*We would like to thank, without implicating, Dennis Carlton, Johan Stennek and Patrick Van Cayseele for useful comments, and participants at various conferences. We are also grateful to the Editor and two anonymous referees. Part of this study was carried out while Theon van Dijk was a visiting Research Fellow at the University of Antwerp in 2006.
CARTEL DAMAGES CLAIMS AND THE PASSING-ON DEFENSE*
Version of Record online: 27 AUG 2009
© 2009 The Authors. Journal compilation © 2009 Blackwell Publishing Ltd. and the Editorial Board of The Journal of Industrial Economics
The Journal of Industrial Economics
Special Issue: CRESSE SYMPOSIUM ON COMPETITION POLICY: PROCEDURES, INSTITUTIONS AND INTELLECTUAL PROPERTY RIGHTS Edited by Yannis Katsoulacos and David Ulph
Volume 57, Issue 3, pages 457–491, September 2009
How to Cite
VERBOVEN, F. and DIJK, T. v. (2009), CARTEL DAMAGES CLAIMS AND THE PASSING-ON DEFENSE. The Journal of Industrial Economics, 57: 457–491. doi: 10.1111/j.1467-6451.2009.00390.x
- Issue online: 27 AUG 2009
- Version of Record online: 27 AUG 2009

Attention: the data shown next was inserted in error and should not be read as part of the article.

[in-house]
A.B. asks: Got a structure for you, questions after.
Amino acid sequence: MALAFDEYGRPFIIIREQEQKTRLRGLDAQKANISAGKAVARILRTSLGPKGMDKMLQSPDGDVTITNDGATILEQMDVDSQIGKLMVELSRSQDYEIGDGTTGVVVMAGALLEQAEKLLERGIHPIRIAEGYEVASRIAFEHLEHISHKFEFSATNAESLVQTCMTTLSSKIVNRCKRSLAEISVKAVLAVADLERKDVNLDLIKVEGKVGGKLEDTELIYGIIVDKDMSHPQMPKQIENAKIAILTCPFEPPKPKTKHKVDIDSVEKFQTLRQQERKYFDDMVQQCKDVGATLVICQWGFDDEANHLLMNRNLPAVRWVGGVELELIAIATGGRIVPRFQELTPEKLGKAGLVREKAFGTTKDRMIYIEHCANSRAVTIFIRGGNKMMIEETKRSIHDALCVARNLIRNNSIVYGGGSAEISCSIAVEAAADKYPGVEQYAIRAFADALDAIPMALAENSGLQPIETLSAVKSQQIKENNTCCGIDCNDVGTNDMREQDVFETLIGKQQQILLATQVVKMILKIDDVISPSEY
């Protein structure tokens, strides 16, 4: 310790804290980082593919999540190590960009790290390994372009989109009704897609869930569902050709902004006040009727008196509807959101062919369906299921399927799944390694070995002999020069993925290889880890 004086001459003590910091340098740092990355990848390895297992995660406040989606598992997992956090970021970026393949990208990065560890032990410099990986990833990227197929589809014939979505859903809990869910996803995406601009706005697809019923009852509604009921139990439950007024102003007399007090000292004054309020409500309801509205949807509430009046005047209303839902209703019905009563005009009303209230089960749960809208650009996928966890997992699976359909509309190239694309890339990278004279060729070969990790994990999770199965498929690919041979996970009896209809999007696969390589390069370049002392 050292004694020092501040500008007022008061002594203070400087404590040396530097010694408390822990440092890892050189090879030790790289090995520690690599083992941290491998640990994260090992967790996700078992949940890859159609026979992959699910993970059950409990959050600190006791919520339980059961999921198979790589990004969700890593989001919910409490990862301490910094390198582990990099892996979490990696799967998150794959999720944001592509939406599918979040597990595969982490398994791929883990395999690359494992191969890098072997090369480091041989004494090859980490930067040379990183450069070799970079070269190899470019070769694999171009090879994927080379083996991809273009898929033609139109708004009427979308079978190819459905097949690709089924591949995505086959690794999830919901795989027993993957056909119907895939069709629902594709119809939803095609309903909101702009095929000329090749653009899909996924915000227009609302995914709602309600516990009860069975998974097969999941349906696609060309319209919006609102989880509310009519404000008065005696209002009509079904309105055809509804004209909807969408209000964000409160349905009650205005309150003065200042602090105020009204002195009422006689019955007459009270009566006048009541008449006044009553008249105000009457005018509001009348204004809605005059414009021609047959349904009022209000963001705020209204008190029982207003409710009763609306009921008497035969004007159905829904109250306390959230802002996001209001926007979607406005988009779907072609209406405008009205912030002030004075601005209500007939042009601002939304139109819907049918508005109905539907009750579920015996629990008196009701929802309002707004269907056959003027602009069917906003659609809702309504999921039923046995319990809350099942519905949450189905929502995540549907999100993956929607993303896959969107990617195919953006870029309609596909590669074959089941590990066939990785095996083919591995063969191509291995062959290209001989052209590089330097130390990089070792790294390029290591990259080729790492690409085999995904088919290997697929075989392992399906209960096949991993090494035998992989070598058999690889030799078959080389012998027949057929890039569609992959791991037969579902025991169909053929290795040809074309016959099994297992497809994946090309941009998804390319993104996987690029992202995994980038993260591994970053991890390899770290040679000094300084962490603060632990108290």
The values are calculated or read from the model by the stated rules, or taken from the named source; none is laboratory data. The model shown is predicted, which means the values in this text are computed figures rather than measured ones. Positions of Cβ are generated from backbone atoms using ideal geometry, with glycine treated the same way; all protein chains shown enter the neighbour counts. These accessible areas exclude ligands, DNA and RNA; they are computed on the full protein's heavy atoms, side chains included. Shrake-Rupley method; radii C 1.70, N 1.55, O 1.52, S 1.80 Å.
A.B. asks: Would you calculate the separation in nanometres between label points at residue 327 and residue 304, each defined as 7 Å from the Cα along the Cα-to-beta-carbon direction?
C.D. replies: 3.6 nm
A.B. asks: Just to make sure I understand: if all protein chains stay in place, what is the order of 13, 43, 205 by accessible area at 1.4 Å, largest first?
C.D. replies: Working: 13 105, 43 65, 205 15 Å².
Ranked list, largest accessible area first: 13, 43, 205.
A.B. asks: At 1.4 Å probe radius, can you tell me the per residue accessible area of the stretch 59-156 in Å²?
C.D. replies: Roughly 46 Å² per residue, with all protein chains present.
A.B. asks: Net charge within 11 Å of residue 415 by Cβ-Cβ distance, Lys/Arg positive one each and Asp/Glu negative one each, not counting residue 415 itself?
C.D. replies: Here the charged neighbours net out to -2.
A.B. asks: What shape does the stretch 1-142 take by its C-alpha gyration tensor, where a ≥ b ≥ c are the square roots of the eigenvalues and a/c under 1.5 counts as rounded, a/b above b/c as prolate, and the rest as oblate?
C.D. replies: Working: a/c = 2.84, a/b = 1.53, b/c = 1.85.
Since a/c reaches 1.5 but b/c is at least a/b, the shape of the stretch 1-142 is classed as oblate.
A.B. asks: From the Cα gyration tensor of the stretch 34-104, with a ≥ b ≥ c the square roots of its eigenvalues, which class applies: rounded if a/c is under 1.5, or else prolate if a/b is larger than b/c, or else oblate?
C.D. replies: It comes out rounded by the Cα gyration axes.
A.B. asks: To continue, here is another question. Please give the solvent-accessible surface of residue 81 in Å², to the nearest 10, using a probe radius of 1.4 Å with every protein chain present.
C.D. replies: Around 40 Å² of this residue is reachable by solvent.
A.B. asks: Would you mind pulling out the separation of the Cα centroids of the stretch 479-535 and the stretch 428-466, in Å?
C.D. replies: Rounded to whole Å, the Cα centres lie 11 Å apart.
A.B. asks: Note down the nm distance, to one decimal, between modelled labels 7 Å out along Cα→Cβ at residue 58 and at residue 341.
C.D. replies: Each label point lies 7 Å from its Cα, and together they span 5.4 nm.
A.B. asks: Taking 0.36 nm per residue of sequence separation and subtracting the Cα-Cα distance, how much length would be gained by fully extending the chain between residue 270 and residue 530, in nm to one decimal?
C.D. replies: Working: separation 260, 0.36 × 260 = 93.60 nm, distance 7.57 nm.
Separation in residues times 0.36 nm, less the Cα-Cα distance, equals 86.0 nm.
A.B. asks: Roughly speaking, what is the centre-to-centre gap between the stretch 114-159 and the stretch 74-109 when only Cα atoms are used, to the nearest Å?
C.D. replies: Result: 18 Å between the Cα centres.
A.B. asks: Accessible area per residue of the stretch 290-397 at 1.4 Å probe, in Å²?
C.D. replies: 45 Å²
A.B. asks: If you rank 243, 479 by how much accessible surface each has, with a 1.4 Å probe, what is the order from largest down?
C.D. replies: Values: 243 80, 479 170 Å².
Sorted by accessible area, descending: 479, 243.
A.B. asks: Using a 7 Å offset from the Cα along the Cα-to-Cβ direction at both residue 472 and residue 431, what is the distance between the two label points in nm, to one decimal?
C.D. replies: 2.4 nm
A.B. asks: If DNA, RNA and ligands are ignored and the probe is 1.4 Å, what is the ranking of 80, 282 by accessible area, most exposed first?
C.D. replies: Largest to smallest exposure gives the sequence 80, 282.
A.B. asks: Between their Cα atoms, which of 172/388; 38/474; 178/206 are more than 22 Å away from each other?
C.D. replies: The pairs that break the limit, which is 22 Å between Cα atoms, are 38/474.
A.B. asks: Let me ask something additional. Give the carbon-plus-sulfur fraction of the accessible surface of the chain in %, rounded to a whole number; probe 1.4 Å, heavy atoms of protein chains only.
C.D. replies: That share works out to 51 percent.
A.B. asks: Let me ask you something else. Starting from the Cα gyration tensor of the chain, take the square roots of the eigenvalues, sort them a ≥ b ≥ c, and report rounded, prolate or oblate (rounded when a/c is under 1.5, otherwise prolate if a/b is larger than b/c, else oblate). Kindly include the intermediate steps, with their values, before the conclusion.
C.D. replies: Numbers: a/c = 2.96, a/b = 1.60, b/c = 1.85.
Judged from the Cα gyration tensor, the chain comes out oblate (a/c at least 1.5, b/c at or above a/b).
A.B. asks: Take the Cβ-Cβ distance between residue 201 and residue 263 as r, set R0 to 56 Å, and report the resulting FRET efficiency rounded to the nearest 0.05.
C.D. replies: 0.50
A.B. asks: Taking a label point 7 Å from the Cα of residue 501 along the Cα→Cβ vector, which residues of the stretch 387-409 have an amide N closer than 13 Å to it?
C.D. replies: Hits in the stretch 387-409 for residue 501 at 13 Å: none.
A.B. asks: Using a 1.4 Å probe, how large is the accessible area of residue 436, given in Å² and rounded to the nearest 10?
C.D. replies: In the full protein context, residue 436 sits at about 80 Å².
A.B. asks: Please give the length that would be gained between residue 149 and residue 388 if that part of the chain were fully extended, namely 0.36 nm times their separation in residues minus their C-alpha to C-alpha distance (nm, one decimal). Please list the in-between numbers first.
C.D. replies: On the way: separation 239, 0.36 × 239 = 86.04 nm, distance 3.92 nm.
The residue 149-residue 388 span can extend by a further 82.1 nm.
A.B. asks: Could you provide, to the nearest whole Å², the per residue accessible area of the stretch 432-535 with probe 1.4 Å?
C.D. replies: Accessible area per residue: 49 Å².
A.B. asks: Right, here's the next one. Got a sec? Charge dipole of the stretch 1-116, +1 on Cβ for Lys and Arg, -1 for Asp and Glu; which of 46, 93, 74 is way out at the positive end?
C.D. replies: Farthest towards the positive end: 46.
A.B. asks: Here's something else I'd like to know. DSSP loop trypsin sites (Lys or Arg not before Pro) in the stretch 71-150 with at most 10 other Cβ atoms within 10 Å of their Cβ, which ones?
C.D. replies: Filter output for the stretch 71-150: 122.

We develop a general framework for computing cartel damages claims. We decompose a direct purchaser plaintiff's lost profits in three parts: the price overcharge, the pass-on effect and the output effect. The output effect is usually neglected: it is the lost business resulting from passing on the price overcharge. To evaluate the relative importance of the three effects, we introduce various models of imperfect competition for the plaintiff's industry. We show that the passing-on defense generally remains justified after accounting for the output effect, provided that the cartel affects a sufficient number of firms. We derive exact discounts to the price overcharge, and illustrate how to compute these in the European vitamin cartel. We finally extend our framework to measure the cartel's total harm, i.e., the total damages to direct purchasers and their consumers.